The various Olympic nations are all very different and the same can be said for their "Houses" that are dotted around London. After visiting the American, Russian and Dutch houses, it has been very interesting to see the stark contrasts among the three.
USA House (pictured) was classy and exclusive, with it being treated more as a safe haven for the athletes, their families and important guests. It was not advertized anywhere and there was no signage in the surrounding area. Their message felt like: If you need to know where it is, we'll tell you.
Inside it was sponsored by the various USOC sponsors and everything was totally free to guests. The only public part of the house was the merchandise shop which was selling high priced, premium Nike and Ralph Lauren Polo goods. It was a classy and friendly place to be and could easily be seen as a relaxing option for athletes to unwind.
The Russia House is designed to promote Sochi 2014 and is again free to enter. We were invited to attend the launch of RIOU, the Russian International Olympic University and there is a sizeable VIP area which was well done. The Hyde Park location is a totally custom made space, so while impressive, it did not seem like a place that anyone competing would want to spend much time.
There were many different interactive displays, such as the opportunity to try some various winter sports such as curling and ice skating but the main feature was an area with bean bags and a large TV, which seemed to be where the majority of visitors had positioned themselves. An impressive location but it was definitely more aimed at educating the public for Sochi than being an area for VIPs and athletes to relax.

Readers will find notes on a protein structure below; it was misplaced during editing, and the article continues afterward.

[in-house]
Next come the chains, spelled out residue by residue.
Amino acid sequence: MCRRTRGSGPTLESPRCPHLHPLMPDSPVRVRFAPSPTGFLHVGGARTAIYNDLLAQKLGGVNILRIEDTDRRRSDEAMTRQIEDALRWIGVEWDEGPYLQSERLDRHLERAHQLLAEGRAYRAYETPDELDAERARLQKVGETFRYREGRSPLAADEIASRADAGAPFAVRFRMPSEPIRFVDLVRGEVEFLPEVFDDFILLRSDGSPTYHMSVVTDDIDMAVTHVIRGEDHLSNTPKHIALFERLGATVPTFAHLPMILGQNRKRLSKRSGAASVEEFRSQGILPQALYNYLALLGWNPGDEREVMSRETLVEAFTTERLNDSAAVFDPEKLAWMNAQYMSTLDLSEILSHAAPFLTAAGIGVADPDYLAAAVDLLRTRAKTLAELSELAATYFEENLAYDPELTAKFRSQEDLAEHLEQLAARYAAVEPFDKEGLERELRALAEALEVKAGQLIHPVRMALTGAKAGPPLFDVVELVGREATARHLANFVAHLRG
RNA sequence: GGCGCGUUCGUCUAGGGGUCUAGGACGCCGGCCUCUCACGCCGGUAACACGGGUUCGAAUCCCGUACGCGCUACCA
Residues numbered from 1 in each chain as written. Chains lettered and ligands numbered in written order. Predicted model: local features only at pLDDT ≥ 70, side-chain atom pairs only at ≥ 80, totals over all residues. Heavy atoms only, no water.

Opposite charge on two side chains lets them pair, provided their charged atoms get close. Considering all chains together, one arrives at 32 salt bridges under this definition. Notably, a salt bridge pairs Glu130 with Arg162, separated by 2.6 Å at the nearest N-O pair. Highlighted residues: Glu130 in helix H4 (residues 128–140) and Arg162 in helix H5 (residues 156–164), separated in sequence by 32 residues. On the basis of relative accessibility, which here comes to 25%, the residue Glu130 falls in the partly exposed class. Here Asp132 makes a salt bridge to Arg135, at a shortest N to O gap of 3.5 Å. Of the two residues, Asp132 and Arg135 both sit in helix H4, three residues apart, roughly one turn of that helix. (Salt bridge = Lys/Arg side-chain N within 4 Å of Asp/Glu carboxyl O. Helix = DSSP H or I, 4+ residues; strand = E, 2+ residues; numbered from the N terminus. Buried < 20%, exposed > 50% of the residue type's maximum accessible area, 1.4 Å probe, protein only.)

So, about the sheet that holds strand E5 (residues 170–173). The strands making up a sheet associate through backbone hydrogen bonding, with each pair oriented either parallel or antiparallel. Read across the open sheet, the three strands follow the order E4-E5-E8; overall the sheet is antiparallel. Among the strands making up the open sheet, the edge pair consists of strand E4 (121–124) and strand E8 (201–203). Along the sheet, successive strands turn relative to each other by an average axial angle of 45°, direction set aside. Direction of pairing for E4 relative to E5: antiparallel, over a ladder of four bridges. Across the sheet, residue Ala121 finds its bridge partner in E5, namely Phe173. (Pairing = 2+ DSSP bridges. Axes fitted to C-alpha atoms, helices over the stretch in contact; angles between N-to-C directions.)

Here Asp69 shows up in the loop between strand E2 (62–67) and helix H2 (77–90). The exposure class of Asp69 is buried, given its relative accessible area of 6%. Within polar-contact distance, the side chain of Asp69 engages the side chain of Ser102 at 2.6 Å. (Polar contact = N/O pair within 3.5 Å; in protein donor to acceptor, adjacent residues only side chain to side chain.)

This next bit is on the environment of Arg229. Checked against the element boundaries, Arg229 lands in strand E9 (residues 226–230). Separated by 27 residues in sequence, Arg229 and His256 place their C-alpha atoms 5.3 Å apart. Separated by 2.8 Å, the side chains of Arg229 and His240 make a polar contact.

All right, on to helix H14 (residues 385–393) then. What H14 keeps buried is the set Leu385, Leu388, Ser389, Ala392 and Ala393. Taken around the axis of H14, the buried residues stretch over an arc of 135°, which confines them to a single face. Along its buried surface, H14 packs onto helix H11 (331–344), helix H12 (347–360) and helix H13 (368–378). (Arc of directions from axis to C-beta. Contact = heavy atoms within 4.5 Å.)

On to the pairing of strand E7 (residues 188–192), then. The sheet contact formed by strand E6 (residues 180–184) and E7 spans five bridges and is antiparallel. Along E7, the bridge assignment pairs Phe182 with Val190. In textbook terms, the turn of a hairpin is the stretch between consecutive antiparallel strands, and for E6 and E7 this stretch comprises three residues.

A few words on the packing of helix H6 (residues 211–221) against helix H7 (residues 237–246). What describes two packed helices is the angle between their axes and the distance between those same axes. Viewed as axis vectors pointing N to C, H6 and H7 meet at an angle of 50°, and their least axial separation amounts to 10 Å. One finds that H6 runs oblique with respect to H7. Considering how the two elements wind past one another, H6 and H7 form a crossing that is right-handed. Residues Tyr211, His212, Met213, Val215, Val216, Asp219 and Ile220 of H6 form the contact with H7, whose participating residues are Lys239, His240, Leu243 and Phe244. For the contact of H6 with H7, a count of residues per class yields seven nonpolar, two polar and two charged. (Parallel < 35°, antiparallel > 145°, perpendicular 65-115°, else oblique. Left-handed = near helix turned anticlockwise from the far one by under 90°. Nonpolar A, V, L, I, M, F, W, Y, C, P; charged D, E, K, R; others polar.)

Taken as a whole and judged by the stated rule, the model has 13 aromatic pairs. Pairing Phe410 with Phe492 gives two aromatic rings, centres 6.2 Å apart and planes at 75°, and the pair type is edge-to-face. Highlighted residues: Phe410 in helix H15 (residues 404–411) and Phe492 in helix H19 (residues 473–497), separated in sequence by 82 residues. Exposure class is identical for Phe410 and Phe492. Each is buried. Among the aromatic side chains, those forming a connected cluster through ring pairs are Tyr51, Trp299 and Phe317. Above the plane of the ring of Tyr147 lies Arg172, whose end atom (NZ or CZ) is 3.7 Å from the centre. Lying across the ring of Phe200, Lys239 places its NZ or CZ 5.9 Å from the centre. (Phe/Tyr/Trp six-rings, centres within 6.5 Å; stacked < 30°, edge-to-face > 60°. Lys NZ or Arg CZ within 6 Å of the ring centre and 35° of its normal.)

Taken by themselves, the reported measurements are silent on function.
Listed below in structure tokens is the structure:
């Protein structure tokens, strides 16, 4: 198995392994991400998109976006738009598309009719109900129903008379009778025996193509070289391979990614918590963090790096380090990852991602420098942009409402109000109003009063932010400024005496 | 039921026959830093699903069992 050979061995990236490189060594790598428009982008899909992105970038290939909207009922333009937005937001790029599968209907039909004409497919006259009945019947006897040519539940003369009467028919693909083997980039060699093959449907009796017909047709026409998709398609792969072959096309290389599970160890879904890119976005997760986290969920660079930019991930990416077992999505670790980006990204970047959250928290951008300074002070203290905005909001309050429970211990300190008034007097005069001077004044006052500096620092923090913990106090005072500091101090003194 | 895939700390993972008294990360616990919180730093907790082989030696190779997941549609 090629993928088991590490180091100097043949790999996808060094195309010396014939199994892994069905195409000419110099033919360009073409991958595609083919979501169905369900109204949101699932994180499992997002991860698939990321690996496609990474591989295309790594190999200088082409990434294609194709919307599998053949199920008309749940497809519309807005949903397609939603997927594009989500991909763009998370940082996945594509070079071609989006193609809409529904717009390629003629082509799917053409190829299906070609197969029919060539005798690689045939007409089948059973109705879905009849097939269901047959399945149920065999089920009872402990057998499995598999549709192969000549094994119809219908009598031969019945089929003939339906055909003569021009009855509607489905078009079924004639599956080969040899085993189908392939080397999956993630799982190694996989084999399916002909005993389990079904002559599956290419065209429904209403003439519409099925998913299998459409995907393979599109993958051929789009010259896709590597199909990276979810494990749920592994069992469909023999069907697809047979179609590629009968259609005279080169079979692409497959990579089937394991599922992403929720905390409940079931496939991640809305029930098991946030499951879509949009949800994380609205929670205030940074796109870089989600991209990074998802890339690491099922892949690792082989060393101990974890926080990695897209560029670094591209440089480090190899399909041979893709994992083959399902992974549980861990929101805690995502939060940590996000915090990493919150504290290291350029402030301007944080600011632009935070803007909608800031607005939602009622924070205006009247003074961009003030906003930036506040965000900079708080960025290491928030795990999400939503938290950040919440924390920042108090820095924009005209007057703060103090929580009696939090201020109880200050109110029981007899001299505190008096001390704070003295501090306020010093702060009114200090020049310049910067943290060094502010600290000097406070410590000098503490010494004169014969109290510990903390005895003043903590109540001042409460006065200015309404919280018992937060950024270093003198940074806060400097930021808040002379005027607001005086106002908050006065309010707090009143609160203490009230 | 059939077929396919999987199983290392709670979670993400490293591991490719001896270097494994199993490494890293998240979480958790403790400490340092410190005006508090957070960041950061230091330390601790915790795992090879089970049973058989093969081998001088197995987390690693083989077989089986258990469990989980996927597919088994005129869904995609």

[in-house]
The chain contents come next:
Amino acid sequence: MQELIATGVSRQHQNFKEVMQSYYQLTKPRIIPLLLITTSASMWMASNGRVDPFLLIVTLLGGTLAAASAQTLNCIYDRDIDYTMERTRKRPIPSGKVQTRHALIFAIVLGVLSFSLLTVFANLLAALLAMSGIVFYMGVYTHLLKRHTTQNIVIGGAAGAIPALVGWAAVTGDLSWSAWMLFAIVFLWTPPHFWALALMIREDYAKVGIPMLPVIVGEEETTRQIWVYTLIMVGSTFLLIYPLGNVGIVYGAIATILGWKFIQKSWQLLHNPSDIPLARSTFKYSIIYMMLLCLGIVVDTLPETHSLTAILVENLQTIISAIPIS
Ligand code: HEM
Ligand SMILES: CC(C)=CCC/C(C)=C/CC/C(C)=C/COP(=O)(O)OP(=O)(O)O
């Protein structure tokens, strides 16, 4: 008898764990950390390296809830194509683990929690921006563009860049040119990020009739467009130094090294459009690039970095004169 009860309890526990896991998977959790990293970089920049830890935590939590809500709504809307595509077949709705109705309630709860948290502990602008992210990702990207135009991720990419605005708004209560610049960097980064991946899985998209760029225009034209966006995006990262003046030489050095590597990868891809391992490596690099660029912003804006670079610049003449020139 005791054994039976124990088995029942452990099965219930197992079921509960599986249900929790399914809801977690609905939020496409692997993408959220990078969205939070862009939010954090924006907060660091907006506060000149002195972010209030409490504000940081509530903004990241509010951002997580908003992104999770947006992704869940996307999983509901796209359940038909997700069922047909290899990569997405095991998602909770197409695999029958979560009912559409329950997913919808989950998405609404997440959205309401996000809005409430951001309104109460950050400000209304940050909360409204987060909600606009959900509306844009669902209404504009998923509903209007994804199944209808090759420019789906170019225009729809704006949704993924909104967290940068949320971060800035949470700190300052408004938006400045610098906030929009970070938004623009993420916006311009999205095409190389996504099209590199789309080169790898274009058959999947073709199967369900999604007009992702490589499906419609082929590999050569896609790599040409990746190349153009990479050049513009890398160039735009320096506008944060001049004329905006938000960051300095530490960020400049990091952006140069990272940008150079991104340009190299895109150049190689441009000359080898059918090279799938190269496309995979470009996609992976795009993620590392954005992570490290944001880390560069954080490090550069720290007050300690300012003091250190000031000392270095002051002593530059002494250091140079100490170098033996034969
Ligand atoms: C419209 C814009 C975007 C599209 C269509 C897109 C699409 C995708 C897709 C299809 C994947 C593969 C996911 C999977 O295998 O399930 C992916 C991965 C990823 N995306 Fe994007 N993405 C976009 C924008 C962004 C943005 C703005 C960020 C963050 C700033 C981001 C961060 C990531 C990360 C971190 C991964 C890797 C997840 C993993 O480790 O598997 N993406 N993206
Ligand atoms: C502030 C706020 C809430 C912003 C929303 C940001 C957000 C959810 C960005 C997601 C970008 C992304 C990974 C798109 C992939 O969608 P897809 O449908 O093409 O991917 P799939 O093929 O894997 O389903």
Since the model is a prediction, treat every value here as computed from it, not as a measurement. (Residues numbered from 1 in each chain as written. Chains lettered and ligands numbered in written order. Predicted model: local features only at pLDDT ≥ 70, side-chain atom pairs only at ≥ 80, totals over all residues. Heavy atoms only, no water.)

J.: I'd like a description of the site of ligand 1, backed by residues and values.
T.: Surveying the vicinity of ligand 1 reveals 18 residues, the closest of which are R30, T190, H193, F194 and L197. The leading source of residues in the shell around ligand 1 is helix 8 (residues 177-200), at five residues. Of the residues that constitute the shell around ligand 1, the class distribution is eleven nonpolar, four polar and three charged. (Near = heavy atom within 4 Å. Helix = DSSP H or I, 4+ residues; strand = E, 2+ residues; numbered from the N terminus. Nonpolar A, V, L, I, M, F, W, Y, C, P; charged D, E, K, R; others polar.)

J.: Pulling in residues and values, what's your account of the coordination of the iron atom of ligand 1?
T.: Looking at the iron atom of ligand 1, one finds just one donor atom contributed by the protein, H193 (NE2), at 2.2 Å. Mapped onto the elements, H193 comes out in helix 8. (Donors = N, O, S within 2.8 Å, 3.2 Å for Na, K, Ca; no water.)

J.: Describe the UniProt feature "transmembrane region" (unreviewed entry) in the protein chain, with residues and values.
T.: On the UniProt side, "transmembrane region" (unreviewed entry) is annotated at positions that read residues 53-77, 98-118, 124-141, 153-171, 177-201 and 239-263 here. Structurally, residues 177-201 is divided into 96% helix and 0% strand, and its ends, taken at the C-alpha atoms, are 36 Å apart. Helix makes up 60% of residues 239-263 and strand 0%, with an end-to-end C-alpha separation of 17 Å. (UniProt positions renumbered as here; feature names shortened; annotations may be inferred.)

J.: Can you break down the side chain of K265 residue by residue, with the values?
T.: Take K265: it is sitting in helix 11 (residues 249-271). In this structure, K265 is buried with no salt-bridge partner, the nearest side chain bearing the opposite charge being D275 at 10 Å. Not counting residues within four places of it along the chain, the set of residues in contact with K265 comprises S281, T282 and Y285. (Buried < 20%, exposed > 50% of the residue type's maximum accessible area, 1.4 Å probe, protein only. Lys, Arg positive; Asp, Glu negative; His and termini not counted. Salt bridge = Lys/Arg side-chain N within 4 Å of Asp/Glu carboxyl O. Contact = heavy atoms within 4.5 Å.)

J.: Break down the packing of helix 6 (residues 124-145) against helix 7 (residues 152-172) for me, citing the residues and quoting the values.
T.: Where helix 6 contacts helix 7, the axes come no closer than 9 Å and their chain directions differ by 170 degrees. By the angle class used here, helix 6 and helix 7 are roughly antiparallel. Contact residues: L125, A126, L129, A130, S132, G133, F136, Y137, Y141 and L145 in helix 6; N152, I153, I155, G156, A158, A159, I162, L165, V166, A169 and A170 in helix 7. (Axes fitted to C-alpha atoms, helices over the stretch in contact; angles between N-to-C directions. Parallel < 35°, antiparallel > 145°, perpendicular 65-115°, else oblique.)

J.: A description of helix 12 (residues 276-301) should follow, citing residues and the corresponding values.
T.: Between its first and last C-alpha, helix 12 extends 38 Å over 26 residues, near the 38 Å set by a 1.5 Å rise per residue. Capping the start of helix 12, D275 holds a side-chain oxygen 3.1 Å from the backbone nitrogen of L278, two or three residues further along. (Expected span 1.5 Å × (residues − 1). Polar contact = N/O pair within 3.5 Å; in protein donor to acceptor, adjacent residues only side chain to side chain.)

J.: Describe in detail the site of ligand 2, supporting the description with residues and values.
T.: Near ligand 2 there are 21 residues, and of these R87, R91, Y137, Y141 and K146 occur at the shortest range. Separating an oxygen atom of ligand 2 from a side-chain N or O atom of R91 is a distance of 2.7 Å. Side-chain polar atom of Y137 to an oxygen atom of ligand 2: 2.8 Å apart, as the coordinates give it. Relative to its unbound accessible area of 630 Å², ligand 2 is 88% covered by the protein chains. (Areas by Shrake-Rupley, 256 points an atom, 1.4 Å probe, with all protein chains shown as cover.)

The Dutch House, which is situated in Alexandra Palace on the outskirts of London, follows a different model all together. The public have to pay £10 to get in, with any food or drinks costing extra. Heineken is the main sponsor of the house with many huge bars throughout the facility. We were surprised not only that you had to pay for beer, but that it was expensive too - £2.75 for half a pint, but most people there did not seem too upset by this.
There was a grandstand for viewing the Dutch events on the big TV, as well as a restaurant and a 6,500-person capacity concert venue, which was opened each night. During the concerts, the Dutch medalists would come on stage and everyone would celebrate their success together. There was a VIP area which was well separated from the rest, which was very professionally done but seemed fairly emotionless - there was not much character to it. The two things that really stuck out for me was the fantastic Alexandra Palace was a great choice, with huge rooms and fantastic views over London. Everything was very orange as was to be expected, but the use of orange stage lights to achieve this meant it was incredibly warm inside. Our group ended up leaving due to the difficulty of buying anything (you had to get a pre-pay Dutch house card and use that to buy refreshments) and the heat inside. It's a shame because it had a lot of potential but felt over commercialized and frustratingly badly thought out.
All these Houses do provide an opportunity for the nationals of the countries to come together and celebrate together, which is invaluable -- their emergence during the past few Olympics is certainly a positive from my point of view, and there is no doubt there will be increased spending as they all try to out do each other.
-- HUGO SCHECKTER